We, the undersigned civil society organizations are gravely concerned with the continued use of the Security Offences (Special Measures) Act 2012 (SOSMA) in spite of Pakatan Harapan’s election manifesto to abolish the draconian provisions of this law that permits detention without trial. In addition, Prime Minister Tun Mahathir Mohamad stated in July 2018 that SOSMA would be abolished. The dragnet that led to the arrest and detention of at least 12 individuals with alleged link to the long-defunct Liberation Tigers of Tamil Eelam (LTTE) is not only a betrayal of these promises but stands as yet another failure by the Pakatan Harapan administration in upholding fundamental principles of the rule of law and the right to fair trial. The Royal Malaysian Police has revealed that it has conducted an investigation into the alleged support for LTTE before conducting its operations and detaining the 12 individuals under SOSMA. This claim by Ayob Khan only puts the further question as to why SOSMA was even invoked to address the possible threat to the safety and security of Malaysia.
As countless human rights advocate and lawyers have raised in the past, the Criminal Procedure Code provides adequate powers and leeway for the Royal Malaysian Police to discharge its function as necessary. Section 105 of the Criminal Procedure Code grants police power to arrest to prevent seizable offence and powers to remand a person up a maximum of 14 days through the remand process.
If adequate investigation has been conducted and the Royal Malaysian Police already possess preliminary evidence as to the alleged crime committed by the 12 individuals, why are they not detained for further investigation under the Criminal Procedure Code and why is there a need for further extended remand under SOSMA when they ought to be produced and charged in court as soon as possible?
The suggestion that detention under SOSMA would provide the police with a more detailed statement as opposed to calling these individuals for a statement under Section 111 of the Criminal Procedure Code is equally as absurd. If these individuals are providing their full cooperation towards the investigation, there should be no difference as to when and where they provide their statement to the police. The only difference of having them under SOSMA detention is that they would be vulnerable to physical and mental abuse by the police as evidenced by countless former SOSMA detainees who have publicly revealed the gruesome torture and abuses experienced by them during the 28-days remand period.
Ayob Khan has thus far only revealed that the Royal Malaysian Police allegedly found flag, posters and pictures of LTTE leaders and that financial transaction supporting the cause of LTTE was detected. To this date, there is no known report as to what specific offences that these 12 individuals were allegedly detained for. As SOSMA is merely a procedural law that is used in conjunction with penal code offences or other offences listed within SOSMA’s schedule, the Royal Malaysian Police must reveal publicly the alleged offences these individuals are under investigation for.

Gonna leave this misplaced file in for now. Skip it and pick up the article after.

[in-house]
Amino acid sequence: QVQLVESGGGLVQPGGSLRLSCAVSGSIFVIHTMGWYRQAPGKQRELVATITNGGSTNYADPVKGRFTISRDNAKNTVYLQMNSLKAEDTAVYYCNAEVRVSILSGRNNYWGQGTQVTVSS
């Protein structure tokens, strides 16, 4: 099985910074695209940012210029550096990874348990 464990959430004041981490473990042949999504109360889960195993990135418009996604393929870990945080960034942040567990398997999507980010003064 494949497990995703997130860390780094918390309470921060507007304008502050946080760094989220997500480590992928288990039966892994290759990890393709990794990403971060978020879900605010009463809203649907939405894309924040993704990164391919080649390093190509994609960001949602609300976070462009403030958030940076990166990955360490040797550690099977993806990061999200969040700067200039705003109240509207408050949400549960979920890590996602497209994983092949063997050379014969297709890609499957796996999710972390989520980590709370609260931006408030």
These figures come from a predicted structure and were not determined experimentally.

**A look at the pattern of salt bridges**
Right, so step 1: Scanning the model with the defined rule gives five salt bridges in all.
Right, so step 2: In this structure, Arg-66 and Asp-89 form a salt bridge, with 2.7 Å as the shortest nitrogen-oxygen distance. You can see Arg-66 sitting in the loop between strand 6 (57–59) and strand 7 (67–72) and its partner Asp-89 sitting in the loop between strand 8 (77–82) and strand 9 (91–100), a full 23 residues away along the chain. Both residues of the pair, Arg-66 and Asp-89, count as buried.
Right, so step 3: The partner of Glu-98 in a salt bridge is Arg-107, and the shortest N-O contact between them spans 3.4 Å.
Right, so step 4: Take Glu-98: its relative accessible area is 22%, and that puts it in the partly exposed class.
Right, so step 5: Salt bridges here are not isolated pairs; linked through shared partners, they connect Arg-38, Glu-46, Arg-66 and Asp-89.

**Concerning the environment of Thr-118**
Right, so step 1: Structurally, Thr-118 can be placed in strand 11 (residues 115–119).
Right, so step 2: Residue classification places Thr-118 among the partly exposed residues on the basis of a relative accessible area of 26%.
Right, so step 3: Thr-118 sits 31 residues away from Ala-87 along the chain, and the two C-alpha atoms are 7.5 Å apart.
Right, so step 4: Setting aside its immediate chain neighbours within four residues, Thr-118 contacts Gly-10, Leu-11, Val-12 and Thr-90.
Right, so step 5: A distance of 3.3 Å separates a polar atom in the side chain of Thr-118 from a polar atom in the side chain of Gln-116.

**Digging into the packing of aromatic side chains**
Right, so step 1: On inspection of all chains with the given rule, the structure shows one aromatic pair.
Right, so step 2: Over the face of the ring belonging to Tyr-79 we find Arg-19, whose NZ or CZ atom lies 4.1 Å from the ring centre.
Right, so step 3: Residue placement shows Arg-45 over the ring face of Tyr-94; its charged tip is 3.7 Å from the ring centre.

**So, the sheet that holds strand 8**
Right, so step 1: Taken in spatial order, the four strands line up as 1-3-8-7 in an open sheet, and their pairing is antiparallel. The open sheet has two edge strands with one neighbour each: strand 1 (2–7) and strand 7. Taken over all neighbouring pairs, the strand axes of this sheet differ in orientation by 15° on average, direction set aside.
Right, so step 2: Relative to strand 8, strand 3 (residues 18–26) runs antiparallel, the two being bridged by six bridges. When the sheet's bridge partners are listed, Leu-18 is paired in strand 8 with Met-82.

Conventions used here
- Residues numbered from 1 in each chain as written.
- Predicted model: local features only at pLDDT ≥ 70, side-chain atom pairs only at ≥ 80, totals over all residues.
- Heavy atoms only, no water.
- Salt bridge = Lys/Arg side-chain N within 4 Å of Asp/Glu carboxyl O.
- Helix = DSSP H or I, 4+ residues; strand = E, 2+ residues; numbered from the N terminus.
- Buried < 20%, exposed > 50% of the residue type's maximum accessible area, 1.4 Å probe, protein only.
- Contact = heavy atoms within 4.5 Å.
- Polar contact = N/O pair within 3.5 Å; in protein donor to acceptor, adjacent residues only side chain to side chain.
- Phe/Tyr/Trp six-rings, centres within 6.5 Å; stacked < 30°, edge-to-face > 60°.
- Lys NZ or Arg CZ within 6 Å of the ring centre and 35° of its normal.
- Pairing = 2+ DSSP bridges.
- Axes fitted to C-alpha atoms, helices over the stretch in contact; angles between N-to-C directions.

We would like to reiterate to the Royal Malaysian Police and the Pakatan Harapan administration that the right to a fair trial is fundamental to the criminal justice system of any country. Without the guarantee that any person facing a criminal allegation against them would be provided a fair chance to defend themselves would only tarnish the integrity of our criminal justice system and erode public confidence in the system.
As the Internal Security Act 1960 was a draconian law and a relic of a darker time where gross human rights violations are a norm in Malaysia, SOSMA is a relic of the previous administration that cares not for fundamental rights and freedoms of Malaysian. There is no place for SOSMA in Malaysia if we aspire for greater democracy and development in the country and the retention of SOSMA will only erode any confidence Malaysians have in the sincerity of Pakatan Harapan in institutional reform.
To this end, we, the undersigned civil society organizations call for these 12 individuals to be released from SOSMA detention and for further investigation to be conducted in line with the provisions of the Criminal Procedure Code and be charged in an open court.
Association of Women Lawyers
Beyond Borders Malaysia
Center to Combat Corruption & Cronyism (C4 Centre)
Centre for Independent Journalism
Jaringan Kampung Orang Asli Semenanjung Malaysia (JKOASM)
Justice for Sisters
Kuala Lumpur & Selangor Chinese Assembly Hall Women Section
Malaysians Against Death Penalty and Torture (MADPET)
North South Initiative
Parti Sosialis Malaysia
Pergerakan Tenaga Akademik Malaysia (GERAK)
Persatuan Kesedaran Komuniti Selangor (EMPOWER)
Persatuan Sahabat Wanita Selangor (PSWS)
Saya Anak Bangsa Malaysia (SABM)
Society for the Promotion of Human Rights (PROHAM)
Suara Rakyat Malaysia (SUARAM)
Teoh Beng Hock Trust for Democracy
Women Aid Organization (WAO)
Writer Alliance for Media